• use_smoothed (bool (optional, default True)) – Whether to use smoothed values (i.e. M_s / M_u instead of spliced / unspliced, etc.).

  • aggregate (str or None (default: None)) – The column in adata.obs that will be used to aggregate data points.

  • show_arrowed_spines (bool (optional, default False)) – Whether to show a pair of arrowed spines representing the basis of the scatter is currently using.

  • ax (matplotlib.Axis (optional, default None)) – The matplotlib axes object where new plots will be added to. Only applicable to drawing a single component.

  • sort (str (optional, default raw)) – The method to reorder data so that high values points will be on top of background points. Can be one of {‘raw’, ‘abs’, ‘neg’}, i.e. sorted by raw data, sort by absolute values or sort by negative values.

  • save_show_or_return (str {‘save’, ‘show’, ‘return’} (default: show)) – Whether to save, show or return the figure. If “both”, it will save and plot the figure at the same time. If “all”, the figure will be saved, displayed and the associated axis and other object will be return.

  • save_kwargs (dict (default: {})) – A dictionary that will passed to the save_fig function. By default it is an empty dictionary and the save_fig function will use the {“path”: None, “prefix”: ‘scatter’, “dpi”: None, “ext”: ‘pdf’, “transparent”: True, “close”: True, “verbose”: True} as its parameters. Otherwise you can provide a dictionary that properly modify those keys according to your needs.

  • return_all (bool (default: False)) – Whether to return all the scatter related variables. Default is False.

  • add_gamma_fit (bool (default: False)) – Whether to add the line of the gamma fitting. This will automatically turn on if basis points to gene names and those genes have went through gamma fitting.

  • frontier (bool (default: False)) – Whether to add the frontier. Scatter plots can be enhanced by using transparency (alpha) in order to show area of high density and multiple scatter plots can be used to delineate a frontier. See matplotlib tips & tricks cheatsheet (https://github.com/matplotlib/cheatsheets). Originally inspired by figures from scEU-seq paper: https://science.sciencemag.org/content/367/6482/1151. If contour is set to be True, frontier will be ignored as contour also add an outlier for data points.

  • contour (bool (default: False)) – Whether to add an countor on top of scatter plots. We use tricontourf to plot contour for non-gridded data. The shapely package was used to create a polygon of the concave hull of the scatters. With the polygon we then check if the mean of the triangulated points are within the polygon and use this as our condition to form the mask to create the contour. We also add the polygon shape as a frontier of the data point (similar to when setting frontier = True). When the color of the data points is continuous, we will use the same cmap as for the scatter points by default, when color is categorical, no contour will be drawn but just the polygon. cmap can be set with ccmap argument. See below. This has recently changed to use seaborn’s kdeplot.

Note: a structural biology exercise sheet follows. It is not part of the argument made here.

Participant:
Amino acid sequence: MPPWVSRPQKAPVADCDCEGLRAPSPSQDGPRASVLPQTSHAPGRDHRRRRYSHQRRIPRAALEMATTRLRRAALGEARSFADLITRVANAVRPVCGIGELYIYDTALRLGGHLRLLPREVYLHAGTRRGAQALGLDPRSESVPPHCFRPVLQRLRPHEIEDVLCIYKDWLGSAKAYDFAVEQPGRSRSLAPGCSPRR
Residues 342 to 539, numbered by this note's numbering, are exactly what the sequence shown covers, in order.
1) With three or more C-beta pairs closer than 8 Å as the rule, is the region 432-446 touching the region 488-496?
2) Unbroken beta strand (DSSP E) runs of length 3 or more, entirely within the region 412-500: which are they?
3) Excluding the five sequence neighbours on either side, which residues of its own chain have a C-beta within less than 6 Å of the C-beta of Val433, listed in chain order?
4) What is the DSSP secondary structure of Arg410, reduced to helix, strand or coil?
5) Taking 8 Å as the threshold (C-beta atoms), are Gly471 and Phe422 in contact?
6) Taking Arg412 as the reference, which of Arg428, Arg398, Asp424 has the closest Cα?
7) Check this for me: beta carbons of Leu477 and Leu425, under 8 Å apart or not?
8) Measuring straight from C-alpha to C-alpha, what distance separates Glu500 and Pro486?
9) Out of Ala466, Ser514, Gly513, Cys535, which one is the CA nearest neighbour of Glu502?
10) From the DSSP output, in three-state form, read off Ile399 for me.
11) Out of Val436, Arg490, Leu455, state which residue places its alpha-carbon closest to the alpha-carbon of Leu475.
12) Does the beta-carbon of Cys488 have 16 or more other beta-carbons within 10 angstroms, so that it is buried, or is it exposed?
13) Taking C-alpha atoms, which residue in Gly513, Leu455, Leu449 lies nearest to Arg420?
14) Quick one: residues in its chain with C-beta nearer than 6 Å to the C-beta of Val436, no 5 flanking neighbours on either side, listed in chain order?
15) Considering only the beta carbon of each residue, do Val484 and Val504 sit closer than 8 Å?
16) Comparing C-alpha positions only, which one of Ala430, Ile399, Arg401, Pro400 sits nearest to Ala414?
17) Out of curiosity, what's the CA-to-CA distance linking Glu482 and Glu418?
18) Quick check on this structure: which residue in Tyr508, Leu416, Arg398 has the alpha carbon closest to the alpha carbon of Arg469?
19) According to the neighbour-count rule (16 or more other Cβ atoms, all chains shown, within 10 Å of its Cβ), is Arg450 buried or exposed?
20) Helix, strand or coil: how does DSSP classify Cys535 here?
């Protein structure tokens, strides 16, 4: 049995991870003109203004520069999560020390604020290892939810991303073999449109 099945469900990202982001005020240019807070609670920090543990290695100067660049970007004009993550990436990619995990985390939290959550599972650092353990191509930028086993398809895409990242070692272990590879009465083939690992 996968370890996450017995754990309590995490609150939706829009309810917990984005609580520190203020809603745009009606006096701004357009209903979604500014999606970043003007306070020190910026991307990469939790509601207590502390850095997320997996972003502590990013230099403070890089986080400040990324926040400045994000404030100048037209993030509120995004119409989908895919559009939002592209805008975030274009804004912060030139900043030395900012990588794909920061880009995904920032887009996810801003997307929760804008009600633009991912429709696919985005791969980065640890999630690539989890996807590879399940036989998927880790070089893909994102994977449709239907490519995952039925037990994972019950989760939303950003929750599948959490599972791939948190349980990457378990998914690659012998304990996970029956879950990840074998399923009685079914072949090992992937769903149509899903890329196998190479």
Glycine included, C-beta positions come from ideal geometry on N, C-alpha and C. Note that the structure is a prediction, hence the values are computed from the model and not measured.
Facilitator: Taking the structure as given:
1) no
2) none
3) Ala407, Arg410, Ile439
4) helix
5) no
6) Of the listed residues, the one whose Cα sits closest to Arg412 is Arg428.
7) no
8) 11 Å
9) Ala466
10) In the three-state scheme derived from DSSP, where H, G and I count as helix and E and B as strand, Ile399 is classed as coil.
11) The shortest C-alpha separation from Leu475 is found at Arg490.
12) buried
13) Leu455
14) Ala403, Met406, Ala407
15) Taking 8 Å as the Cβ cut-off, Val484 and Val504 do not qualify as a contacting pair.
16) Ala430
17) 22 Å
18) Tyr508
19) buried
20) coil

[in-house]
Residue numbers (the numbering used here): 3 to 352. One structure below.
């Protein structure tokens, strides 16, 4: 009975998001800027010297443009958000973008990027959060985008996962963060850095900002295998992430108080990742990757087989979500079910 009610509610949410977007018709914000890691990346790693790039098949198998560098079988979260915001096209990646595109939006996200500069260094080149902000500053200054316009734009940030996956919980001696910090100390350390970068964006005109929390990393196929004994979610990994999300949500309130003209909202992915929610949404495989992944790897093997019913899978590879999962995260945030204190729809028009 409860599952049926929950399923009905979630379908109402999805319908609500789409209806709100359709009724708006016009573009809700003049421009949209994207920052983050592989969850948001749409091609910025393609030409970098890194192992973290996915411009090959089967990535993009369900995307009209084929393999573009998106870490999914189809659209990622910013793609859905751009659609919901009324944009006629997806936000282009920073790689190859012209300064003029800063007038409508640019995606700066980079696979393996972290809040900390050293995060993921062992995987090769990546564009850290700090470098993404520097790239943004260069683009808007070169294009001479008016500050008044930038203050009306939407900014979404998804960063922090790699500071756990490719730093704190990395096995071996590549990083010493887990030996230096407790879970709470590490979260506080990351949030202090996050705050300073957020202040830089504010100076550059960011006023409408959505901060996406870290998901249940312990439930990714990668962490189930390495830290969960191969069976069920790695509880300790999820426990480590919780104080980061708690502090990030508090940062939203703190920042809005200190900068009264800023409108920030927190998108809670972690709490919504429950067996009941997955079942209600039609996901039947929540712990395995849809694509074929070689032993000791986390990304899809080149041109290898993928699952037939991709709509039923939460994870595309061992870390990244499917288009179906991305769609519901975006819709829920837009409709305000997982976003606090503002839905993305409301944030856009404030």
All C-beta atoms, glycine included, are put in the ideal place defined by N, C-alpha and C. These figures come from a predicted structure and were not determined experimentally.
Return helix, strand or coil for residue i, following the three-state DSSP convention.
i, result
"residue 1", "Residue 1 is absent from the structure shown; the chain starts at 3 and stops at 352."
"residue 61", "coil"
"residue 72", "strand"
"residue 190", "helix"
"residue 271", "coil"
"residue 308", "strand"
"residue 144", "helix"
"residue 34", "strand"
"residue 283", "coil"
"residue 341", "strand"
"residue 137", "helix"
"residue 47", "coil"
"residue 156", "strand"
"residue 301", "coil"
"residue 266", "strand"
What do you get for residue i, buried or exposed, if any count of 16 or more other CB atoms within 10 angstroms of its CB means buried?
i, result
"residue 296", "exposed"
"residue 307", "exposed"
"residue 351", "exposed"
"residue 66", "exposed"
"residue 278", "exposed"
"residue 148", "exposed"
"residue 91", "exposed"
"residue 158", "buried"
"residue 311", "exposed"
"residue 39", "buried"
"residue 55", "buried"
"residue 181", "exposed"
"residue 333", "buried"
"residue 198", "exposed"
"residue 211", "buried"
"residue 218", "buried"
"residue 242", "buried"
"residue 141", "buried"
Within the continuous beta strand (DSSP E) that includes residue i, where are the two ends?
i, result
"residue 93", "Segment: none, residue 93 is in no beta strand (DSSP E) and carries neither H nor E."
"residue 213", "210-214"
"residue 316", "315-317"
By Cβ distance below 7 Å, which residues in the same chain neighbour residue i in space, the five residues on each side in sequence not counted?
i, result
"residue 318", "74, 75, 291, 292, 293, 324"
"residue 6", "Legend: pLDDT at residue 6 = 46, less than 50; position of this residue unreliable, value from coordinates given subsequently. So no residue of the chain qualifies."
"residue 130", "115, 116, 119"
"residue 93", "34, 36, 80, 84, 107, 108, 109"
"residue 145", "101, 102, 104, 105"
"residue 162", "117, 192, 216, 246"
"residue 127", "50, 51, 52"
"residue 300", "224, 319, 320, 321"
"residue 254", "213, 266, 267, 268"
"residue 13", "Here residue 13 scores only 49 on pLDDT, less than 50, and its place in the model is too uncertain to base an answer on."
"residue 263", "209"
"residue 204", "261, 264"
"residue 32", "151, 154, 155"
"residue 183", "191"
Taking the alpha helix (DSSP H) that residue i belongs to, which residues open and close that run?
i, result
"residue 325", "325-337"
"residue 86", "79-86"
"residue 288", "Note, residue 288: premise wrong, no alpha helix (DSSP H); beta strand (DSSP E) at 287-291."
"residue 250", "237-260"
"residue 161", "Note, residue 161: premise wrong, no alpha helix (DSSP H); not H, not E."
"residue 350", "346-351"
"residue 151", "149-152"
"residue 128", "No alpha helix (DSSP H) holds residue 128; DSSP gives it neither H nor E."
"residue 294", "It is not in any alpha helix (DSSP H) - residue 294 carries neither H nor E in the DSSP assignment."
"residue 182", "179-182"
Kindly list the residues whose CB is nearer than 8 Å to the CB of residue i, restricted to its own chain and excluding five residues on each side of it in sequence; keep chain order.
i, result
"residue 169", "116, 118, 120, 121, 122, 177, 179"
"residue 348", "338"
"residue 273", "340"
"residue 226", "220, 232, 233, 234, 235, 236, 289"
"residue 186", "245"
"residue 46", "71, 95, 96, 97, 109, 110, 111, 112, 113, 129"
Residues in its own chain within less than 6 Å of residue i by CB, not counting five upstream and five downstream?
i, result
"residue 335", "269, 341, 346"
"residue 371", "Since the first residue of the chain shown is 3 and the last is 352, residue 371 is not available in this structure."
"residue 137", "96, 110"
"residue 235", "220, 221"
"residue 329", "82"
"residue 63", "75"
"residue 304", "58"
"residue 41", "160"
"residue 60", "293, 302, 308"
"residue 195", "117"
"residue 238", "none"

• ccmap (str or None (default: None)) – The name of a matplotlib colormap to use for coloring or shading points the contour. See above.

  • calpha (float (default: 0.4)) – Contour alpha value passed into sns.kdeplot. The value should be inbetween [0, 1]

  • sym_c (bool (default: False)) – Whether do you want to make the limits of continuous color to be symmetric, normally this should be used for plotting velocity, jacobian, curl, divergence or other types of data with both positive or negative values.

  • smooth (bool or int (default: False)) – Whether do you want to further smooth data and how much smoothing do you want. If it is False, no smoothing will be applied. If True, smoothing based on one step diffusion of connectivity matrix (.uns[‘moment_cnn’] will be applied. If a number larger than 1, smoothing will based on `smooth steps of diffusion.

  • dpi (float, (default: 100.0)) – The resolution of the figure in dots-per-inch. Dots per inches (dpi) determines how many pixels the figure comprises. dpi is different from ppi or points per inches. Note that most elements like lines, markers, texts have a size given in points so you can convert the points to inches. Matplotlib figures use Points per inch (ppi) of 72. A line with thickness 1 point will be 1./72. inch wide. A text with fontsize 12 points will be 12./72. inch heigh. Of course if you change the figure size in inches, points will not change, so a larger figure in inches still has the same size of the elements.Changing the figure size is thus like taking a piece of paper of a different size. Doing so, would of course not change the width of the line drawn with the same pen. On the other hand, changing the dpi scales those elements. At 72 dpi, a line of 1 point size is one pixel strong. At 144 dpi, this line is 2 pixels strong. A larger dpi will therefore act like a magnifying glass. All elements are scaled by the magnifying power of the lens. see more details at answer 2 by @ImportanceOfBeingErnest: https://stackoverflow.com/questions/47633546/relationship-between-dpi-and-figure-size